I wondered what had happened. Why did so many couples start out with great communication, or at least pretty good communication, and end up with none?
After all, when those same “married” couples were dating, they probably had a million things to talk about. They were asking each other questions about the future, their hopes and dreams, and their thoughts on children, education, hobbies, careers, and everything else. In fact, saying “Good night” to one another at the end of a date felt like torture. They didn’t want to stop talking or be apart. Then five or twenty five years later, those same two people may have difficulty talking on levels deeper than “How’s your steak, Emily?”
So I wondered some more. I wondered what could be done to help people get through the challenges of life. I wondered what would keep their communication vital and alive. And I wondered what kind of communication would help team members and coworkers build greater trust and understanding.
The answer came a short time later. I was attending a five-day, personal-professional development program being led by Dr. Sidney Simon, a professor from the University of Massachusetts. It was by far one of the best workshops I had ever attended, and he was by far the best teacher I had ever encountered. I was impressed, to say the least.
Somewhere in the midst of the five days, Dr. Simon talked about “brave questions.” “Brave questions” were deeper, gutsier, more personal questions than the ones we normally ask. And he said it worked best to do a series of twenty questions at a time. There was something about twenty that worked especially well in building open, honest communication.
Dr. Simon demonstrated. He asked for four volunteers from the workshop audience, two people who knew each other very well and two who had never met. They were instructed in the “brave question-20 questions” approach and encouraged to go for it, to take a risk, and give it a real try as the rest of us listened in.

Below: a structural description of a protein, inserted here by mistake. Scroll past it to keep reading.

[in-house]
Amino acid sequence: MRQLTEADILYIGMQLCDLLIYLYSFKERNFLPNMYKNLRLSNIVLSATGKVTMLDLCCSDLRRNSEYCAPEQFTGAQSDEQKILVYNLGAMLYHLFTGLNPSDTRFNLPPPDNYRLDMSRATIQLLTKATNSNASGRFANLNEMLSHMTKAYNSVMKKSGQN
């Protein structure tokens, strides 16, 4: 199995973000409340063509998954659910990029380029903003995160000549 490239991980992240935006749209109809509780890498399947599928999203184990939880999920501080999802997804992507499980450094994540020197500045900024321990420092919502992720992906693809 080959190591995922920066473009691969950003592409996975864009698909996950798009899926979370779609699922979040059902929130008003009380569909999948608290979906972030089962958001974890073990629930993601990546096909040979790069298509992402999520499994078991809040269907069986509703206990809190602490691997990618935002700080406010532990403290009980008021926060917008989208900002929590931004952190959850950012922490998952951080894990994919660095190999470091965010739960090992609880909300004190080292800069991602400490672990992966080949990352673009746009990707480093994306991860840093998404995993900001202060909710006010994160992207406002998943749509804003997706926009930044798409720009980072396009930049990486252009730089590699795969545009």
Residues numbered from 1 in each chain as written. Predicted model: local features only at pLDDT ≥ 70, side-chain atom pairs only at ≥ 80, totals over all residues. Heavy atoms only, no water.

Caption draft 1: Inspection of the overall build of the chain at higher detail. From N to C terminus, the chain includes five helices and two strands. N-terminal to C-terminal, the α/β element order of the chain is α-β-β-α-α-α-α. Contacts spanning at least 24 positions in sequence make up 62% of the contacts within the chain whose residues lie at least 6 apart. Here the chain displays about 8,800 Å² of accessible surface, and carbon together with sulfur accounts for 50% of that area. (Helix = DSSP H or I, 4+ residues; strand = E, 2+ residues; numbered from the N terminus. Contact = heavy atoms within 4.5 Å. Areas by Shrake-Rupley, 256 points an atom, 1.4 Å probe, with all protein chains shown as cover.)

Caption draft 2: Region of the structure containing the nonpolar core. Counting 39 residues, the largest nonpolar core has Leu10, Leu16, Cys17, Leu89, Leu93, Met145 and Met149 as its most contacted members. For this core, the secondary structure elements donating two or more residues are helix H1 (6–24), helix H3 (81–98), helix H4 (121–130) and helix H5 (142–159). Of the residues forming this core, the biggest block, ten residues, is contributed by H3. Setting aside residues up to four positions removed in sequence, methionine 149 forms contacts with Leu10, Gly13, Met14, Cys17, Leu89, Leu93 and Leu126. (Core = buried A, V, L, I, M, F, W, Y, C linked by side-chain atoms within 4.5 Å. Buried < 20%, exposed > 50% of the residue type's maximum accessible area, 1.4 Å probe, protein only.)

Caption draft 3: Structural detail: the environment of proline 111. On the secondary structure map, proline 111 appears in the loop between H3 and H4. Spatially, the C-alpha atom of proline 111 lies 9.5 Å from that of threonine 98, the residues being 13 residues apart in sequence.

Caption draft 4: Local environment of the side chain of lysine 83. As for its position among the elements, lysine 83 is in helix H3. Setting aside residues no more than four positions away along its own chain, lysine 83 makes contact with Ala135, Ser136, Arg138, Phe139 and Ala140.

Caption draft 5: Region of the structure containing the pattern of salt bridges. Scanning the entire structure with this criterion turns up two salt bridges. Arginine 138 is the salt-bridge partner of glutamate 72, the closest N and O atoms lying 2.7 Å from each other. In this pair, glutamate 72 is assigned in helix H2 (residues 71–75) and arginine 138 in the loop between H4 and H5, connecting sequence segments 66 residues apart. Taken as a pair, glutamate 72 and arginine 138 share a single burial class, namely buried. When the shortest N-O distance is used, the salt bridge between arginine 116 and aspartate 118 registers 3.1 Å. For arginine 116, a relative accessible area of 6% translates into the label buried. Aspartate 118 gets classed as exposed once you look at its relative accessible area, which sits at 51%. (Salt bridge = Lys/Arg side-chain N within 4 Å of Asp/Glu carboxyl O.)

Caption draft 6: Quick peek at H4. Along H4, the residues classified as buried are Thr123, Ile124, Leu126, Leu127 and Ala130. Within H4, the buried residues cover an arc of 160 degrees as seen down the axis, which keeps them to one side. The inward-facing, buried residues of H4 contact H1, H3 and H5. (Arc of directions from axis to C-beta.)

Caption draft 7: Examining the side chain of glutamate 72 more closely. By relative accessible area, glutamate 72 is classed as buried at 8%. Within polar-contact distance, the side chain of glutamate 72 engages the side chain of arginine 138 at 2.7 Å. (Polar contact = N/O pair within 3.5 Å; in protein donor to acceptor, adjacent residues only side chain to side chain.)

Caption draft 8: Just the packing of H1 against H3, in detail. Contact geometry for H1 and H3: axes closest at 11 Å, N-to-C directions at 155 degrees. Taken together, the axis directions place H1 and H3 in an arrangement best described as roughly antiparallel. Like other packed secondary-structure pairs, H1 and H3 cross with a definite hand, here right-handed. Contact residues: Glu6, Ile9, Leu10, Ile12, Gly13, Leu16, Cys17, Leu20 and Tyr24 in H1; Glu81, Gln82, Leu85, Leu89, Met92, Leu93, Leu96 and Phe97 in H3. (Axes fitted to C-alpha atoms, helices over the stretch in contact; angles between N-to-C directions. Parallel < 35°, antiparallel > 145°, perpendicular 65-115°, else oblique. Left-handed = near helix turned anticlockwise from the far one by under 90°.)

It was awesome. In a matter of minutes, the couple who didn’t know each other knew more about one another than friends they had “known” for years. And the couple who knew each other quite well experienced more closeness and understanding than they had in a long long time. All four of them were profoundly touched, and so were the rest of us in the audience.
My first serious use of the “brave question-20 question” technique came in November, 1983. I was invited to a wedding along with my 83-year old grandmother. It was during our two-hour drive that I decided to “go for it.”
But as Paul Harvey says, you’ll have to read next week’s Tuesday Tip for “the rest of the story.” I’ll tell you how Brave Questions changed my life, improved my business, and is transforming people at home and coworkers on the job.
You won’t want to miss those stories.
Action: Refuse to settle for anything less than the best in your relationships. Start asking more Brave Questions and you will strengthen your relationships with your friends and family members. And you will build more effective relationships with your teammates and customers.